JonMorris: Where I grew up in the US (Rhode Island), we said "auntie(s)" so I don't think it's restricted to the UK.


https://www.duolingo.com/profile/Karshen

Why is the definite article used here? I thought that it was dropped before possessive adjectives when referring to family members.


https://www.duolingo.com/profile/R_Wlsn_1969

The definite article is only dropped if it's singular (eg. 'mia zia'). With plurals it's kept ('le mie zie').


https://www.duolingo.com/profile/CharlesBen18

Aunties should be an acceptable answer


https://www.duolingo.com/profile/SierraBravo7

Why is "I have called on my aunts" wrong?


https://www.duolingo.com/profile/Germanlehrerlsu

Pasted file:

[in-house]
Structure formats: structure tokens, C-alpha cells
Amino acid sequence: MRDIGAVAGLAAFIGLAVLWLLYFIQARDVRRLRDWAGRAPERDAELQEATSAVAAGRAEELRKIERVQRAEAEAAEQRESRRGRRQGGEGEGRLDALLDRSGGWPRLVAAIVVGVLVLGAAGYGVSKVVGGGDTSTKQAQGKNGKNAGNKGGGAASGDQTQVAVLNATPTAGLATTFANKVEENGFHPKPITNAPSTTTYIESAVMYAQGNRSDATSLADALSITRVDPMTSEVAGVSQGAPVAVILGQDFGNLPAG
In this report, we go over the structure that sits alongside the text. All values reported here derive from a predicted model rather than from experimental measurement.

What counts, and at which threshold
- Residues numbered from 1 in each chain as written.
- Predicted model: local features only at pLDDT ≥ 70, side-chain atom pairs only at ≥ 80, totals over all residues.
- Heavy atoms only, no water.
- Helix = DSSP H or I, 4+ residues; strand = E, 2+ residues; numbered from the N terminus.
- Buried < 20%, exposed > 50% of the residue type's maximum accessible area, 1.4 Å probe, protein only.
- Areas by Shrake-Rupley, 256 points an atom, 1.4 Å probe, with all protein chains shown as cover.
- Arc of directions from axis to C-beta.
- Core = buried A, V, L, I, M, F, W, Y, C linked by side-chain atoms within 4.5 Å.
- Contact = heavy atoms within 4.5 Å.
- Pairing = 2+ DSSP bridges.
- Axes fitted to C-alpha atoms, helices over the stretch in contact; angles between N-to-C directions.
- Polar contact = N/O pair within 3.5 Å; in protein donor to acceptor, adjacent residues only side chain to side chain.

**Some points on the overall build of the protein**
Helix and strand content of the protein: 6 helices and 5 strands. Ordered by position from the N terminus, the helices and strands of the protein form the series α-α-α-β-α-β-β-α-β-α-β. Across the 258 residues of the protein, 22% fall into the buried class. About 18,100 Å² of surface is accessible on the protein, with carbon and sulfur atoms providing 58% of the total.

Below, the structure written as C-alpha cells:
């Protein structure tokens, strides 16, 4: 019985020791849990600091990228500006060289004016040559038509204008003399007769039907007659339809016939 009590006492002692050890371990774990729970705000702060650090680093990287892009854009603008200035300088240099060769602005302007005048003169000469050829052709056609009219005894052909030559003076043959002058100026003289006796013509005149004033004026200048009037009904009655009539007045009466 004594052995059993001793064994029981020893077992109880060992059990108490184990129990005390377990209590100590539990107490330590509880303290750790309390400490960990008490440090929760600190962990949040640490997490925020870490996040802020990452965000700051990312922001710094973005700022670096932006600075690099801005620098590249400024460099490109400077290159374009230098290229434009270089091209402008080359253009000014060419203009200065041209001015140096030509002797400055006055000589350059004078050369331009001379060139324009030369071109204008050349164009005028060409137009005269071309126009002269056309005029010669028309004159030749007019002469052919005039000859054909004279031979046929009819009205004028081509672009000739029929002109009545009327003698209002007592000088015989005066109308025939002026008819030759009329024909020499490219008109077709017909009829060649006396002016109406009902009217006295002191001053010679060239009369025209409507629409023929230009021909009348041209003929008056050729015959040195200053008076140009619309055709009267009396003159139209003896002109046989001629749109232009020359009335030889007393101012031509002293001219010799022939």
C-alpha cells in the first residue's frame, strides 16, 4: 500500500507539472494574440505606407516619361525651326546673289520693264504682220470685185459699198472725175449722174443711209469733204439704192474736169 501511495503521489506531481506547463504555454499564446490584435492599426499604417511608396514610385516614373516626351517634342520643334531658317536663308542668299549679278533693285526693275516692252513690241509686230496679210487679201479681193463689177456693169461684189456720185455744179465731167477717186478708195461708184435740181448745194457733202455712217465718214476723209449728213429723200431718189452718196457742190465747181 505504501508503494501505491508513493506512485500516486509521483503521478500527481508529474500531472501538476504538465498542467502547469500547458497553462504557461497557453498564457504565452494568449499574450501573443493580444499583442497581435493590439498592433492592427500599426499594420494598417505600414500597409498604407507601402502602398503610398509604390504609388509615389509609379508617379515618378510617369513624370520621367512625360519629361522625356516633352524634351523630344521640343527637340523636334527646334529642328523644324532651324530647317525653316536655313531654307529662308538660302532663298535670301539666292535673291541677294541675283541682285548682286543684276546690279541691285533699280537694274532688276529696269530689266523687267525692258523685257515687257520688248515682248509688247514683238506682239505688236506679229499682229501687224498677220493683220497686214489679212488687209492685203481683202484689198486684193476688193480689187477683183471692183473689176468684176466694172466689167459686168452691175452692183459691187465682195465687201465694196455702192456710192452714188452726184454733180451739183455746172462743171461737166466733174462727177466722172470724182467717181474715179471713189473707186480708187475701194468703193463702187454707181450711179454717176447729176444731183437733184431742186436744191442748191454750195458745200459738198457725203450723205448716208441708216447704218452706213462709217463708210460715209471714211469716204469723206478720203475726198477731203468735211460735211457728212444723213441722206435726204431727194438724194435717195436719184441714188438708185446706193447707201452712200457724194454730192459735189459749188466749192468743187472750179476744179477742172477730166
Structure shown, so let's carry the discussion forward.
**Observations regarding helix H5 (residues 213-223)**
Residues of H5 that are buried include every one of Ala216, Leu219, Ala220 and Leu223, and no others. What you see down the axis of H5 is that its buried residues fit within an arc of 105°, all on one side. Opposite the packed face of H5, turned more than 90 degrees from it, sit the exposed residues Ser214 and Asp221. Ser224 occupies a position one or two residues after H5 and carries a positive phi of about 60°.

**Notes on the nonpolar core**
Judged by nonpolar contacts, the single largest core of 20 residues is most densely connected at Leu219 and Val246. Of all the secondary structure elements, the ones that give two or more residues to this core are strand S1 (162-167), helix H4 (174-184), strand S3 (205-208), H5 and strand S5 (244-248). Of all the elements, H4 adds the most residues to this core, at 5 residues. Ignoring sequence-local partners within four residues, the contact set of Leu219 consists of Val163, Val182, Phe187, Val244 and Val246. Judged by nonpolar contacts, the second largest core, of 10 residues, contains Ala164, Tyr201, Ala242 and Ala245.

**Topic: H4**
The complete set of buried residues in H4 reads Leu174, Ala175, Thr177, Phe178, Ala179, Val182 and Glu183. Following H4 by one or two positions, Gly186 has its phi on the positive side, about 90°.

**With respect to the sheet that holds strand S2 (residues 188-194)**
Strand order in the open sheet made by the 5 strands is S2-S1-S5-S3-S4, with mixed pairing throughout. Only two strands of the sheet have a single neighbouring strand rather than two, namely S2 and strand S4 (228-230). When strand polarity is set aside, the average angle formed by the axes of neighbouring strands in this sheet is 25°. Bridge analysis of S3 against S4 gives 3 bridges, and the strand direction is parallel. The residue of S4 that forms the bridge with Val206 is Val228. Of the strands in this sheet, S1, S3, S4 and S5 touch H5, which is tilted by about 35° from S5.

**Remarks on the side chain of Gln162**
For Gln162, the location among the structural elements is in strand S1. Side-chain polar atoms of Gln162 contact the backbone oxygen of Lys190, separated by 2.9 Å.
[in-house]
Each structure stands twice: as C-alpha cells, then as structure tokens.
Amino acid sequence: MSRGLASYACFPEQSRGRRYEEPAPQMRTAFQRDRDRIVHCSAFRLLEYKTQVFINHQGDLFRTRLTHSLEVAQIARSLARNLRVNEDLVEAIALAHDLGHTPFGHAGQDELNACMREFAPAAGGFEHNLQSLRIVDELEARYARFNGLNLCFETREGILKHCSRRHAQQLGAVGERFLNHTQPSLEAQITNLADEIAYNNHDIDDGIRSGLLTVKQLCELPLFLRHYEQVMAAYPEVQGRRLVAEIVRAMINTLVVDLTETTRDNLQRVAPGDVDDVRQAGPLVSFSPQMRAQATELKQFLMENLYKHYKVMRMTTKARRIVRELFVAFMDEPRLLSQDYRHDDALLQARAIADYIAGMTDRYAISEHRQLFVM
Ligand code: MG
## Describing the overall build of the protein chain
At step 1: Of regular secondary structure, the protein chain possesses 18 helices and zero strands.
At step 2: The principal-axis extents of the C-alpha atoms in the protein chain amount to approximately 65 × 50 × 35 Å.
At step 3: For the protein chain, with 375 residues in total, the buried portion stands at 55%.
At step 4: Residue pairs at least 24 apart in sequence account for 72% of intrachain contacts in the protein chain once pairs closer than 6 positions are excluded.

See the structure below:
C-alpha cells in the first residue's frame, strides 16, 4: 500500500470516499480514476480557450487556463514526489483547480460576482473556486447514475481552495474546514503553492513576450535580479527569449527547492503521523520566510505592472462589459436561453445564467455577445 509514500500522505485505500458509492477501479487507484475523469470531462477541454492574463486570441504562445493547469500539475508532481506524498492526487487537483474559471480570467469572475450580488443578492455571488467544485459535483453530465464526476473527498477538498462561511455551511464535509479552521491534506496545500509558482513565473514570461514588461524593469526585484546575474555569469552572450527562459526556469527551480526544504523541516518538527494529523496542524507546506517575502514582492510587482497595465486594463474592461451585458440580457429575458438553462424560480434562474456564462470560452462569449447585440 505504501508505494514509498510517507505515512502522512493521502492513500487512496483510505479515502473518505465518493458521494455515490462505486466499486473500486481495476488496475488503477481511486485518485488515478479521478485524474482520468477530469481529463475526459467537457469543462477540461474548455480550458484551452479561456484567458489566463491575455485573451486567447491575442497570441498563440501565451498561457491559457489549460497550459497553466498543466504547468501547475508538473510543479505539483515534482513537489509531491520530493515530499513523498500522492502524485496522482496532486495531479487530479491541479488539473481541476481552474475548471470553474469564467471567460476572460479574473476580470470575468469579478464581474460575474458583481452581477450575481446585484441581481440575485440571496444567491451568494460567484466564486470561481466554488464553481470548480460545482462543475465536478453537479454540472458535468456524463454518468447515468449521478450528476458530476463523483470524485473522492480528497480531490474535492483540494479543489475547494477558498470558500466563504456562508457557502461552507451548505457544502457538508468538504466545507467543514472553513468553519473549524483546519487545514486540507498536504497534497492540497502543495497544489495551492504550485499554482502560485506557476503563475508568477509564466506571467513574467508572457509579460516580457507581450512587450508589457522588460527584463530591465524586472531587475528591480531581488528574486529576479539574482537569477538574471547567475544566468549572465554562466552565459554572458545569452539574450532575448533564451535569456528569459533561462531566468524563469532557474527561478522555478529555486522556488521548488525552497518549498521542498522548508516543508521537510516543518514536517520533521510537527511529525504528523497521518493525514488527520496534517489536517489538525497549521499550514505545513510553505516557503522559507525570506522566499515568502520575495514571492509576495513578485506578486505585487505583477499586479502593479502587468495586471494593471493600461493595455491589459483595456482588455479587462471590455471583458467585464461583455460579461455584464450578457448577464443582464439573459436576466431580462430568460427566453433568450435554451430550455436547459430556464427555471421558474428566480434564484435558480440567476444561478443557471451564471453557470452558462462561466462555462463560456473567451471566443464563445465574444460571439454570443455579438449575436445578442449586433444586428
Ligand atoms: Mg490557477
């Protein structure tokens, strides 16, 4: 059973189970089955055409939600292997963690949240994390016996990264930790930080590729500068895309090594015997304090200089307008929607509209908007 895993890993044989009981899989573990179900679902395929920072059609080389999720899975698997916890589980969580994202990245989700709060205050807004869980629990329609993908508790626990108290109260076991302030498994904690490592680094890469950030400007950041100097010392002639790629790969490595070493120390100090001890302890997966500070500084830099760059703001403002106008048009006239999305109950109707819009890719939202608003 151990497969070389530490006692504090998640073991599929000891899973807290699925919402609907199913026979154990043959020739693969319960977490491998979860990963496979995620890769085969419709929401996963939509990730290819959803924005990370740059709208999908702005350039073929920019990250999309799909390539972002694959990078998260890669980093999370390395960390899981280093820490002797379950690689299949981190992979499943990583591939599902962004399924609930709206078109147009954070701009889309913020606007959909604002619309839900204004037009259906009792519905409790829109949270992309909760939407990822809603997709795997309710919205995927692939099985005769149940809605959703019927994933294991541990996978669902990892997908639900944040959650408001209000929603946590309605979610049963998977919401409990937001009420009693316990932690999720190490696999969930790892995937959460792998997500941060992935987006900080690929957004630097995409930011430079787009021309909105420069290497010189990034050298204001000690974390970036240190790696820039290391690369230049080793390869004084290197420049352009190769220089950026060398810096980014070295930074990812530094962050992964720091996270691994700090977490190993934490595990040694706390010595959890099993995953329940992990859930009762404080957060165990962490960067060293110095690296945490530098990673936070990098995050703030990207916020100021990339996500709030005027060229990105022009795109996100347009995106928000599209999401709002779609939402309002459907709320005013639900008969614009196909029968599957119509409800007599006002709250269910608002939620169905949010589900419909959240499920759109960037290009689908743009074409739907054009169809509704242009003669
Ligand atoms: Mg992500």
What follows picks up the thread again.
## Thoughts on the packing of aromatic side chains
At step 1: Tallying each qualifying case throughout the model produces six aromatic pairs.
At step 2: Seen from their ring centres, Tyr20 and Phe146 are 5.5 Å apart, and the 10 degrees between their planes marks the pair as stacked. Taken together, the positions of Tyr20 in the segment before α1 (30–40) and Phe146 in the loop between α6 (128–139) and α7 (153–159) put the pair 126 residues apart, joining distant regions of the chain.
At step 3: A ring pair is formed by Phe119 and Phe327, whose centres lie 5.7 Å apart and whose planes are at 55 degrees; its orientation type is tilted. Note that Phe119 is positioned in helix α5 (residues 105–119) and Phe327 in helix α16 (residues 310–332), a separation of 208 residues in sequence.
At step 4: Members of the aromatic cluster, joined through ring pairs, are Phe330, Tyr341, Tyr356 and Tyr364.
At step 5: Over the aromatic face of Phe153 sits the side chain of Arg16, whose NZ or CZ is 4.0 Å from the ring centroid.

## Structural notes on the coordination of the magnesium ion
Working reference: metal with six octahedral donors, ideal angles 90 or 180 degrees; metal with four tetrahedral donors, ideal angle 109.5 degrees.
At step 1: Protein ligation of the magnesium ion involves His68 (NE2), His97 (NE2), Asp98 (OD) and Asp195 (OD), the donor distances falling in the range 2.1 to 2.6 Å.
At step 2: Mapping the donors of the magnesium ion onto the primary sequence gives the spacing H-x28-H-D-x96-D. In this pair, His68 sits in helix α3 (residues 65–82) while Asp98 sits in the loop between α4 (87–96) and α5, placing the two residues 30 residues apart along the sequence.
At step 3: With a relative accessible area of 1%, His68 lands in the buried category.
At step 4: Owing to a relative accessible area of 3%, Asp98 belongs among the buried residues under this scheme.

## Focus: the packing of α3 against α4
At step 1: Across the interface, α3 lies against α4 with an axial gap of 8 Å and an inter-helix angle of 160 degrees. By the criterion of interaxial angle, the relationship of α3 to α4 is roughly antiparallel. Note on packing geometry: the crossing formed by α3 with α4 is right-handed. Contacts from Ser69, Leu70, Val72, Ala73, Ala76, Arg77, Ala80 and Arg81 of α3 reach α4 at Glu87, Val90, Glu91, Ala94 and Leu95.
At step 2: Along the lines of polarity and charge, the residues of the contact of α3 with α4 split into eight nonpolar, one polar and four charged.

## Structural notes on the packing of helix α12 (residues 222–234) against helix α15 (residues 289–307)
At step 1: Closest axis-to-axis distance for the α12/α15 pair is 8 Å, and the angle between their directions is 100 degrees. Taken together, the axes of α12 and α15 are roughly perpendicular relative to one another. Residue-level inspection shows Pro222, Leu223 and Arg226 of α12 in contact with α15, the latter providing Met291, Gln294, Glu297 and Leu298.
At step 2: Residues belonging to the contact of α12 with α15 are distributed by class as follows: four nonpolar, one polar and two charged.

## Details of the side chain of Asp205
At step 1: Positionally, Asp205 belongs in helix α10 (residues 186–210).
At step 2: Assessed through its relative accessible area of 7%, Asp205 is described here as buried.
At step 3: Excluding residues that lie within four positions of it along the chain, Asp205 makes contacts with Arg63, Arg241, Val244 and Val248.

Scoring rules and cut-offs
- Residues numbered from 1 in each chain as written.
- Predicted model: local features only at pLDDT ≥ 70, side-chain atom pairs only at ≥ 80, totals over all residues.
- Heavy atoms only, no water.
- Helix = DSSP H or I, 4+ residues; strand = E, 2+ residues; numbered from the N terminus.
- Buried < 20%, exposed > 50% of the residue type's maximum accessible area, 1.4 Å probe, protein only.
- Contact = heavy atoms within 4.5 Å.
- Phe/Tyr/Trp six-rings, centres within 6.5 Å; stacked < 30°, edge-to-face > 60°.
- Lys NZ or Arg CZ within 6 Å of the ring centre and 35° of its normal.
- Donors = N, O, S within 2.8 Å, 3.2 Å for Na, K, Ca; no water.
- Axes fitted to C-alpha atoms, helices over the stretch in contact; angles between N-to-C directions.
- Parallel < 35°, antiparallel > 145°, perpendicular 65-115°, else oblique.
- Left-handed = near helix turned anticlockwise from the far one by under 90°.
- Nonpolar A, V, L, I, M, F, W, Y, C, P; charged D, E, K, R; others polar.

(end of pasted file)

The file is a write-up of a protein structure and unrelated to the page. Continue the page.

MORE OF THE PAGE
SoBroithe: "to call ON" in English can mean "to stop by to visit" ; it can mean 'to request something of someone"; it can mean "to ask someone to answer a question" as a teacher might. These uses are different than simply 'to call' which means 'to (tele)phone'.


https://www.duolingo.com/profile/SierraBravo7

Thanks, Germanlehrerlsu. Your answer makes sense. But I don't understand why "called on" was given as a clue if it's incorrect.


https://www.duolingo.com/profile/Germanlehrerlsu

SoBroithe: I don't know either. "Chiamare" of course has other meanings as in "to call someone by a certain name," or "to summon someone" and so forth, but I'm not familiar with any use of it in the sense of "to call on".


https://www.duolingo.com/profile/Lucky1940

Could this also be I called my aunts AND uncles.


https://www.duolingo.com/profile/Julian_L.

«Zie» means "aunts". "Aunts and uncles" is said «zii» (that also only means "uncles").